Folks with influence in library staffing and hiring: Where are the school-age specialist positions? I love how more and more libraries are crafting specific early literacy specialist positions; what a great resource to have on staff, someone who can do all the things a youth librarian does and additionally offer early literacy-specific program planning and training. Pat yourselves on the back if you've hired one. But the school-age service area requires just as much focus. Imagine your library with a school-age specialist: that's a librarian who can create diverse programming options for use in multiple settings; who can serve as point person on educational initiatives that impact the library, such as Common Core; who can develop frameworks for services that help children achieve their developmental assets; and who can train colleagues to more effectively reach their school-age customers and their families through programs and services. That's a librarian with the capacity to add significant value across the whole institution, and yet not many libraries have thought of hiring one.

It all comes to this: all school-age children with access to a library should have the opportunity to enjoy regular, age-appropriate programming that interests them. Access is an entirely different issue in and of itself, but when the library is there, it should offer activities for school-age kids that kids want to attend. We need to better serve these young customers. We need to talk about school-age programming.


  1. Speaking as a parent, not just a librarian, my kid doesn't have much time to go to a K6 program during the school year. After being in school all day, then doing homework, having dinner, etc., there's just not much time or mental capacity to head to the library for a program. I see what you're saying concerning the steep drop in programs after kids age out of early literacy. I did roughly 3-5 K6 programs monthly last year, and had the same 7 kids come to each. And don't get me wrong, I love those 7 kids, but in-house programs don't reach the kids who have crazy busy lives...that's where outreach to schools plays a huge part in my community. Our K6 plan now is 90% outreach, and 10% family programs for all ages. Kids are knocking down the doors to get booktalk books and are signing up for cards like we're going to run out! This plan may work for other communities who don't have a large turnout for K6 programs. This is a very thoughtful post, Amy...thank you!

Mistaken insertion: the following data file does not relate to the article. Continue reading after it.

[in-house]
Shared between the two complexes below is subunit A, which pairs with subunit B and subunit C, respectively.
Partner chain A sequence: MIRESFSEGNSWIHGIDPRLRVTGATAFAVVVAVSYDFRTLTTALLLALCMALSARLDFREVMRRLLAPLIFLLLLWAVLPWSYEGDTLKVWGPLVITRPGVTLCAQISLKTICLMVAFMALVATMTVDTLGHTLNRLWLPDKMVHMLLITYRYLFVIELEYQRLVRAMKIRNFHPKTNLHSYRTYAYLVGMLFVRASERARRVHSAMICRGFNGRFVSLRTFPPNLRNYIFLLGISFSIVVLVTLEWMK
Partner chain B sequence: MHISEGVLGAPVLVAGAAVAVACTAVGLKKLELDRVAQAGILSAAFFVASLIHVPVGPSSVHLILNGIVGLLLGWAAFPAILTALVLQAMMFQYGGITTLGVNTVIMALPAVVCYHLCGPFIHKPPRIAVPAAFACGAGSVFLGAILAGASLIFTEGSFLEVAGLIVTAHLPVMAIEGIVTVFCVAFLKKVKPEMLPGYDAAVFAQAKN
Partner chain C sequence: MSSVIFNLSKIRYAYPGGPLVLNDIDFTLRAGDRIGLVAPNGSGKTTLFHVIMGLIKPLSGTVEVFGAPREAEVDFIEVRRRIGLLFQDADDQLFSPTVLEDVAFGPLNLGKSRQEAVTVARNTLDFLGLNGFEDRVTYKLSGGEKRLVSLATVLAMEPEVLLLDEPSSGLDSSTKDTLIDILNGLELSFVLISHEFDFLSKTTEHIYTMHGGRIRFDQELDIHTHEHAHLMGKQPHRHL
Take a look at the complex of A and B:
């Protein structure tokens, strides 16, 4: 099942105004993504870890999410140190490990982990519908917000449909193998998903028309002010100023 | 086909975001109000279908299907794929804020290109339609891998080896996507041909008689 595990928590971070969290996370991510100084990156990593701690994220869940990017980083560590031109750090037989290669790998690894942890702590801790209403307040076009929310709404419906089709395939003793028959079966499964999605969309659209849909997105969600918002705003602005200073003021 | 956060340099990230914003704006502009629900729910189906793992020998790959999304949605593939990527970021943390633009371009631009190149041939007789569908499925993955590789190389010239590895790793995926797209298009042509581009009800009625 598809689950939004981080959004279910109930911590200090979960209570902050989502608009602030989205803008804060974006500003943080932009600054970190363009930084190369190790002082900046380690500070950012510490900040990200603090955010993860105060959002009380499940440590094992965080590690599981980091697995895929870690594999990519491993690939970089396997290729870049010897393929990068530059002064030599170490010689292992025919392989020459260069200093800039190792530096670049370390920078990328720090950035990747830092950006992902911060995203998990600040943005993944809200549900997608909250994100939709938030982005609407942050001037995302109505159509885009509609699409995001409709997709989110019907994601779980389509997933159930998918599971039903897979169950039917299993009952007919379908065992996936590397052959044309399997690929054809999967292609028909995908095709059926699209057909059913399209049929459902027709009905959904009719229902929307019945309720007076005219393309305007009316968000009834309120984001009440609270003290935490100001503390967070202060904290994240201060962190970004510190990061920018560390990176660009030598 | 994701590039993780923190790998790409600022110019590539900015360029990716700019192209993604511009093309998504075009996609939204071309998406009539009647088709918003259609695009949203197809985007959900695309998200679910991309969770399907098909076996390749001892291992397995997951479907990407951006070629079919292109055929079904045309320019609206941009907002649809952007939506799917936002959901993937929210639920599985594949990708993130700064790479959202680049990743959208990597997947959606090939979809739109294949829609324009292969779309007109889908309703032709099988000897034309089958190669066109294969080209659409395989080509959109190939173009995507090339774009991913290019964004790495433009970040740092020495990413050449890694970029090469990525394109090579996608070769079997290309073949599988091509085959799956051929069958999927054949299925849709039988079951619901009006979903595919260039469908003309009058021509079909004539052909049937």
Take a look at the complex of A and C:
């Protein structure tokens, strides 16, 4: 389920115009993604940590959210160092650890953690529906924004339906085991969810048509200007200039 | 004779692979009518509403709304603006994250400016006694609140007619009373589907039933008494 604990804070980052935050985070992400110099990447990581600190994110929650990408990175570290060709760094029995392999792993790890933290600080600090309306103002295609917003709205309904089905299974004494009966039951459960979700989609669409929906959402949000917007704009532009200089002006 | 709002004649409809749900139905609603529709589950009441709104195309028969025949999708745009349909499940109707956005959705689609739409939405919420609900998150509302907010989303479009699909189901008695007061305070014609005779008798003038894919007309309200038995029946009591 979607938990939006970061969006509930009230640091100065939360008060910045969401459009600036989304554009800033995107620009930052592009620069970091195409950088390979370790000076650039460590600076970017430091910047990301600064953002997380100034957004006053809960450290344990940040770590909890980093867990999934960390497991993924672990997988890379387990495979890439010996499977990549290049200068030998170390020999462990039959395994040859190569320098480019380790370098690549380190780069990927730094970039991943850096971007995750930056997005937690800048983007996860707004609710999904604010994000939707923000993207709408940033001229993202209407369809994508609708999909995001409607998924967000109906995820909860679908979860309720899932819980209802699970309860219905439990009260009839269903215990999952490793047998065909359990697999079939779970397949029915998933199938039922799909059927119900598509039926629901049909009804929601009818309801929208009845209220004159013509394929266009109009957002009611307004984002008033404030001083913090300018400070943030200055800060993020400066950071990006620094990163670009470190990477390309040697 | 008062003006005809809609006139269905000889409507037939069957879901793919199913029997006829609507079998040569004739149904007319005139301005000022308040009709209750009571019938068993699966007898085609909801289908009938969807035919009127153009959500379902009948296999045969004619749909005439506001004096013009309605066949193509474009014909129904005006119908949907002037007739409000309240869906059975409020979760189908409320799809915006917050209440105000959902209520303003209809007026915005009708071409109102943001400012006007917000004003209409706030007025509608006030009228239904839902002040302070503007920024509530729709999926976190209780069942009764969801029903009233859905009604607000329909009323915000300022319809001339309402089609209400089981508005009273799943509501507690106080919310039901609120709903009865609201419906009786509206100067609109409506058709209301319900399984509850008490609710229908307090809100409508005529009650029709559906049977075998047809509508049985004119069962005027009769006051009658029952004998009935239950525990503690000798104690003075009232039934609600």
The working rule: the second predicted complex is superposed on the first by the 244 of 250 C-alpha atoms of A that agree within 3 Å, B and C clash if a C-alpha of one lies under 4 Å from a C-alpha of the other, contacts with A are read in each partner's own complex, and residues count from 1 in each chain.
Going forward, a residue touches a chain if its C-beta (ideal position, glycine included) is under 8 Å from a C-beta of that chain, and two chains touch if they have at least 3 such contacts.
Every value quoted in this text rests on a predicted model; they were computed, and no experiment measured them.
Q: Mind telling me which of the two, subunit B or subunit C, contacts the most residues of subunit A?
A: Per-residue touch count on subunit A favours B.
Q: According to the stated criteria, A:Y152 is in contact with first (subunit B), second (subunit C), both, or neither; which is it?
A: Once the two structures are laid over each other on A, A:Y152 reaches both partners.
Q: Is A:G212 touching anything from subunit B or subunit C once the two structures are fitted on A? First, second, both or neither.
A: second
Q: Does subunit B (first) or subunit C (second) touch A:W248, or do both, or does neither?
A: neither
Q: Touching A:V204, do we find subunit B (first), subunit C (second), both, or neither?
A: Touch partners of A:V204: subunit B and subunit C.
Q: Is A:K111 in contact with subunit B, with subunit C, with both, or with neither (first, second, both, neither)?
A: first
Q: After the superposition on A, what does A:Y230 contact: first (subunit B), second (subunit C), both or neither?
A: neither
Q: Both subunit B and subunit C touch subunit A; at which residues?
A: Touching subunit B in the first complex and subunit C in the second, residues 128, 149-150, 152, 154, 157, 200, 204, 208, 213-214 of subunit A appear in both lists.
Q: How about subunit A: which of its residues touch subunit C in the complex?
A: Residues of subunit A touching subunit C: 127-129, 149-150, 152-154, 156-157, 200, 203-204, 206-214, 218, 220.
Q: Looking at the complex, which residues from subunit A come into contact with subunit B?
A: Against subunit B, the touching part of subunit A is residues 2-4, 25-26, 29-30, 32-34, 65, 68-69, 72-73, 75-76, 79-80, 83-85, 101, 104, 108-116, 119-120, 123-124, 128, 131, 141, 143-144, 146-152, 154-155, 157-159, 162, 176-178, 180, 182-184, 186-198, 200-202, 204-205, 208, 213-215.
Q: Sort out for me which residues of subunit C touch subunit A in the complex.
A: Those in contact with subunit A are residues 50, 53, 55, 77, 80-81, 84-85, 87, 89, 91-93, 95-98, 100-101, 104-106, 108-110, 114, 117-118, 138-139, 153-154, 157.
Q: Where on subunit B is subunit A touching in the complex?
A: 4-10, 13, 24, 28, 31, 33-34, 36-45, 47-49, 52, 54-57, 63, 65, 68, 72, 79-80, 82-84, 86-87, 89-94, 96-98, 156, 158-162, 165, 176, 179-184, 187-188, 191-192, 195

1. Thanks for sharing a really great perspective. How very true that in many communities and households, an extra event to go to on a weeknight is not a feasible option. I love that you're meeting your community's school-age needs through outreach programs. Obviously this program is drawing lots of school-age children into your library--the desired goal, regardless of whether programming is in-house or out in the wild. It's all about engaging kids where they are.

      I'll say that I'm also an advocate for weekend programming, which works more consistently with many families' schedules. I know that's a horse of a different color due to staffing issues, schedules, etc., but when they happen, boy do they draw in families.

    2. Thanks for this post, Amy! We also get the same 20 or so kids coming to after-school programming, which is why we're focusing more on no-school days and early release days. I sometimes think, though, that "no kids come to our programs" can be an easy way out of planning for them at all rather than, like MPL Eary Literacy is doing, making deliberate changes in how you do things based on patron response. Good on you, MPL!

      I wanted to share a great resource for anyone who is looking for research to back up the hiring of a school-age specialist or a grant for school-age programming!